Blog

Nobody wants to read your nonprofit’s content [book review]

Nobody wants to read your nonprofit's content [book review]

Despite every social media post you’ve seen in the last few days, summer is not yet officially over. However, the “summer reading” part of it is for me. The good news: my summer reading left me with a book that I think might help nonprofit communicators!

I’ve heard from many nonprofit content writers who need help with getting inspired, creative and motivated. Does that sound like you? Then you might like Nobody Wants To Read Your Sh*t by Steven Pressfield as much as I did.

Steven-Pressfield_Nobody-Wants-To-Read-Your-Shit_1024x1024Having previously read and enjoyed Pressfield’s books Turning Pro and The War of Art, I was quick to pick up Nobody Wants To Read Your Sh*t when it came out.

Over the summer, while I was reading the book, notes from email subscribers kept coming in such as:

“I think we are mostly struggling with developing new ideas for content.”

“I am struggling with just starting the writing process and then writing engaging content.”

and

“It’s much easier to procrastinate and fill in with other ‘important’ stuff!”

These notes inspired me to share this book – along with the reasons why I think you might like it.

Reality check: your important cause is not enough to get people to read your content

Working as nonprofit communicators, it’s so easy to get lazy and feel that our content has merit because our causes do. This book offers us a very important reminder that we can’t assume people want to read our content: it’s up to us to get them to.

Your worthy cause isn't enough to get people to read your #nonprofit's content. Read this book by @SPressfield #NPMC Click To Tweet

What to expect from this book

Nobody Wants To Read Your Sh*t follows Pressfield’s career as a writer, the lessons he learned along the way, and how those lessons applied in the next phase (and the next, and the next) of his professional path, writing in the fields of advertising, screenwriting, fiction and nonfiction. It is divided into eight “books” (further broken down into very short chapters):

  • One: Advertising
  • Two: Fiction, Part One
  • Three: Hollywood
  • Four: Fiction, The Second Time
  • Five: Nonfiction
  • Six: Self-Help
  • Seven: The Artist’s Calling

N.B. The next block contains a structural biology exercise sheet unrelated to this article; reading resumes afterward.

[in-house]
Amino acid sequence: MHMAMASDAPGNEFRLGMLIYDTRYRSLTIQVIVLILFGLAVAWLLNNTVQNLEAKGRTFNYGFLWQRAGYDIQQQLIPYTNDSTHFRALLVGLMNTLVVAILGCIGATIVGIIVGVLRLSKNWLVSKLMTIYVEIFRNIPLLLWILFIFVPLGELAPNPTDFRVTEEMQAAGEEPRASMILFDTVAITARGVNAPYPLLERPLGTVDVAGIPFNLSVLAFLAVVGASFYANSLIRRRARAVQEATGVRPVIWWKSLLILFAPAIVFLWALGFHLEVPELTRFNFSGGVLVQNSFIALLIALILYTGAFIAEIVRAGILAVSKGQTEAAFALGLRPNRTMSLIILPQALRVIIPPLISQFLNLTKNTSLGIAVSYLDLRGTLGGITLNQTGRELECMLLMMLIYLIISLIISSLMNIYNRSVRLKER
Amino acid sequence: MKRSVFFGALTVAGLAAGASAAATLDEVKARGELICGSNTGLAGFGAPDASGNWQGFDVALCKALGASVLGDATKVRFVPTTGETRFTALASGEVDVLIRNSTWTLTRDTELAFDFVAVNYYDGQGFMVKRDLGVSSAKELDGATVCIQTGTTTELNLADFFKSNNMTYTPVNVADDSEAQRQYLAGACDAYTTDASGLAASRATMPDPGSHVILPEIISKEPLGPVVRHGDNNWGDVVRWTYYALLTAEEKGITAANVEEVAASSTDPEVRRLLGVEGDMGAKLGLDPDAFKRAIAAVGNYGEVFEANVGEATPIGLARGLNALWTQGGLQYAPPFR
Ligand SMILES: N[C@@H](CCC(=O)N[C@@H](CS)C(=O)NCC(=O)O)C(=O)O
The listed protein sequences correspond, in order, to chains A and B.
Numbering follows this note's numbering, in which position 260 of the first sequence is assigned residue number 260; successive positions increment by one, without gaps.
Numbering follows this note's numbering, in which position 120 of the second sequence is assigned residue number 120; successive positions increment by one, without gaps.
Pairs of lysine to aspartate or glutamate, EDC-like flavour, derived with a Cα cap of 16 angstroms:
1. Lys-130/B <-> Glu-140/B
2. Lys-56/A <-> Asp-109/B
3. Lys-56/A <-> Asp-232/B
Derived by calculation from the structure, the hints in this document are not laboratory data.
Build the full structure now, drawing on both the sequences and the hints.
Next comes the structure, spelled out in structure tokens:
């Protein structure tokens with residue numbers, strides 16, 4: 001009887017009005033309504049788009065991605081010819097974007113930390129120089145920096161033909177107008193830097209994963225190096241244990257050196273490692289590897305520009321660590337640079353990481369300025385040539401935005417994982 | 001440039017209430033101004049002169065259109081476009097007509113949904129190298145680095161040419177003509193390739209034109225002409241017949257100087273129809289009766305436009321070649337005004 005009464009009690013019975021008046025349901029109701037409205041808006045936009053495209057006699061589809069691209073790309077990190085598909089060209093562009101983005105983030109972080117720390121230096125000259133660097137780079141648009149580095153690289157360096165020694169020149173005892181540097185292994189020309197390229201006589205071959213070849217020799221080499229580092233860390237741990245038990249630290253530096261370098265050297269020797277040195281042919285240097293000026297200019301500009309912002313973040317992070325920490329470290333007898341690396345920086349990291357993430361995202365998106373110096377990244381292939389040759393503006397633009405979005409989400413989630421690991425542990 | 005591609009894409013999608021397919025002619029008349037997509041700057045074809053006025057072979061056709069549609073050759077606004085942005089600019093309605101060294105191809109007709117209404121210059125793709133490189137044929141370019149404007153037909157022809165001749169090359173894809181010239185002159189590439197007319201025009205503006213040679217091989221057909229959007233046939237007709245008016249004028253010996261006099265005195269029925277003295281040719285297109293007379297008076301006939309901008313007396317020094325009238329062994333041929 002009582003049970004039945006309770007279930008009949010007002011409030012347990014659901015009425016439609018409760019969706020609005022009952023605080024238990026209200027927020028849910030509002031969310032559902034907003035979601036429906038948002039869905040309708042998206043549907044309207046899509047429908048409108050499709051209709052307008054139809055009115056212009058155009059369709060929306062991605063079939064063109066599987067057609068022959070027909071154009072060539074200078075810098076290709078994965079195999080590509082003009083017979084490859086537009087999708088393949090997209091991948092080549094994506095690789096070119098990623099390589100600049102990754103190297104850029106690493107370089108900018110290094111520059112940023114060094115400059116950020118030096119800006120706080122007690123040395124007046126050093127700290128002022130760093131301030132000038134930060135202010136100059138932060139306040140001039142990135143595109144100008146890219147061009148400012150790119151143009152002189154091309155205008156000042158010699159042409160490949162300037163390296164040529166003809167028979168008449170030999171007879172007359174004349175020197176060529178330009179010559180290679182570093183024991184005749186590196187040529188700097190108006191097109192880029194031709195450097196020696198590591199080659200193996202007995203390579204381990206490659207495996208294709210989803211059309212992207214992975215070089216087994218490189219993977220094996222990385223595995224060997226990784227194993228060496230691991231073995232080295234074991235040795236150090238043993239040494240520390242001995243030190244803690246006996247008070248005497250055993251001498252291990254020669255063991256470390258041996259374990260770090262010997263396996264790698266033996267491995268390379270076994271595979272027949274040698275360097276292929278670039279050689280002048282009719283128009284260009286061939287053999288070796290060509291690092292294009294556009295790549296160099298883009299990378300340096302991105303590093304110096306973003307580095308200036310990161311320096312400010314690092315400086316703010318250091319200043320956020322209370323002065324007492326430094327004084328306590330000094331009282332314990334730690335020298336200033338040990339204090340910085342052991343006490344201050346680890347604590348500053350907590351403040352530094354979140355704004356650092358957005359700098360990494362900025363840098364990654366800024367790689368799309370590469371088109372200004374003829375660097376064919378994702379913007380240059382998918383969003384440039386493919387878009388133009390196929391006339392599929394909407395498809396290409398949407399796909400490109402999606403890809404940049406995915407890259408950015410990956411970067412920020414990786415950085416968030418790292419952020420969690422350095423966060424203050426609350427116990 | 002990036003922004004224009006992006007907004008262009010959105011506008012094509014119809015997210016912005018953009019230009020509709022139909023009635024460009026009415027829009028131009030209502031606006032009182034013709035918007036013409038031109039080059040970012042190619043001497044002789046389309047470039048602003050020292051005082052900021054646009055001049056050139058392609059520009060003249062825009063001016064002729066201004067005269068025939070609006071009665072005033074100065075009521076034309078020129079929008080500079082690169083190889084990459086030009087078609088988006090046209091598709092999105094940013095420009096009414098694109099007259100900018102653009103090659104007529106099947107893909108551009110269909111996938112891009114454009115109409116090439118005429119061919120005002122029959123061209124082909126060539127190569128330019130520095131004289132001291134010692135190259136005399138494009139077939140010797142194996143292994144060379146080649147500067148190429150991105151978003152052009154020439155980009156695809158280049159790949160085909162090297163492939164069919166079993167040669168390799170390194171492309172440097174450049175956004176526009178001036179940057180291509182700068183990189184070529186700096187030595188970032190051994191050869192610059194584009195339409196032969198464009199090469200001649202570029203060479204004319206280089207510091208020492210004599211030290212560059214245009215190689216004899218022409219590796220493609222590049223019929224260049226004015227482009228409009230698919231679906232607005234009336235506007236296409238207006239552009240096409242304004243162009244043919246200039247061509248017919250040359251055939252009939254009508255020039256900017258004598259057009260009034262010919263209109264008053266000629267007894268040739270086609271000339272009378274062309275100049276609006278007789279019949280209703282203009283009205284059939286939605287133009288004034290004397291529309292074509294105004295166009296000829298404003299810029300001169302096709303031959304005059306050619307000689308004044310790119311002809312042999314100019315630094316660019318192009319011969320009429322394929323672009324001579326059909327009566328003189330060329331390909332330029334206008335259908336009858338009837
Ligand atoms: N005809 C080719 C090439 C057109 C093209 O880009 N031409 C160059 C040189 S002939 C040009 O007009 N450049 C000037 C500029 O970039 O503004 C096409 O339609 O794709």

• Eight: Porn

Pressfield shows that although every field has its challenges, good writing – across all fields – has several key considerations in common.

Here are a few of the reminders, tips and lessons you’ll find inside Nobody Wants To Read Your Sh*t.

Put your readers first

It’s up to us to make our content interesting for our readers (don’t forget your marketing personas). To give them something they want and need.

Come up with a concept

Pressfield shares the idea of all writing having a “concept” and explains how it can help you to frame your ad copy – and your nonprofit’s offerings, “…in a context that makes the viewer behold the product with fresh eyes – and perceive it in a positive, compelling light.”

Rules of storytelling

Everyone is telling you to incorporate storytelling in your nonprofit’s written content, videos, in your email appeals, etc. Check out Pressfield’s explanations of the three-act structure and narrative device: what they mean, how to use them and examples.

Always include a call to action

Pressfield reminds us that every ad or commercial (and poster, flyer and brochure) should end with a call to action (I’ll add a specific and targetted call to action). He questions, “If you don’t ask for the sale, how are you gonna get it?”

Recommendation

As I read Nobody Wants To Read Your Sh*t, I could immediately see the applications to the types of projects I work on like annual report writing and website content strategy.

Would I recommend this book? Yes! It’s useful, informative, fun to read and it’s delivered in a personal, genuine and distinctive voice from which we can all take a cue.

And there’s another benefit to reading this book. If, like many nonprofit communicators I know, you have other creative writing aspirations (dreams of writing a novel, a screenplay, poetry), you’ll be amazed by the insights, help and even trade secrets found in this easy read.

I suspect that Nobody Wants To Read Your Sh*t will become a go-to reference on the shelves of copywriters, creative writers, aspiring writers…all kinds of writers.

Posted September 5, 2016 / Filed under Creativity and finding inspiration / Leave a comment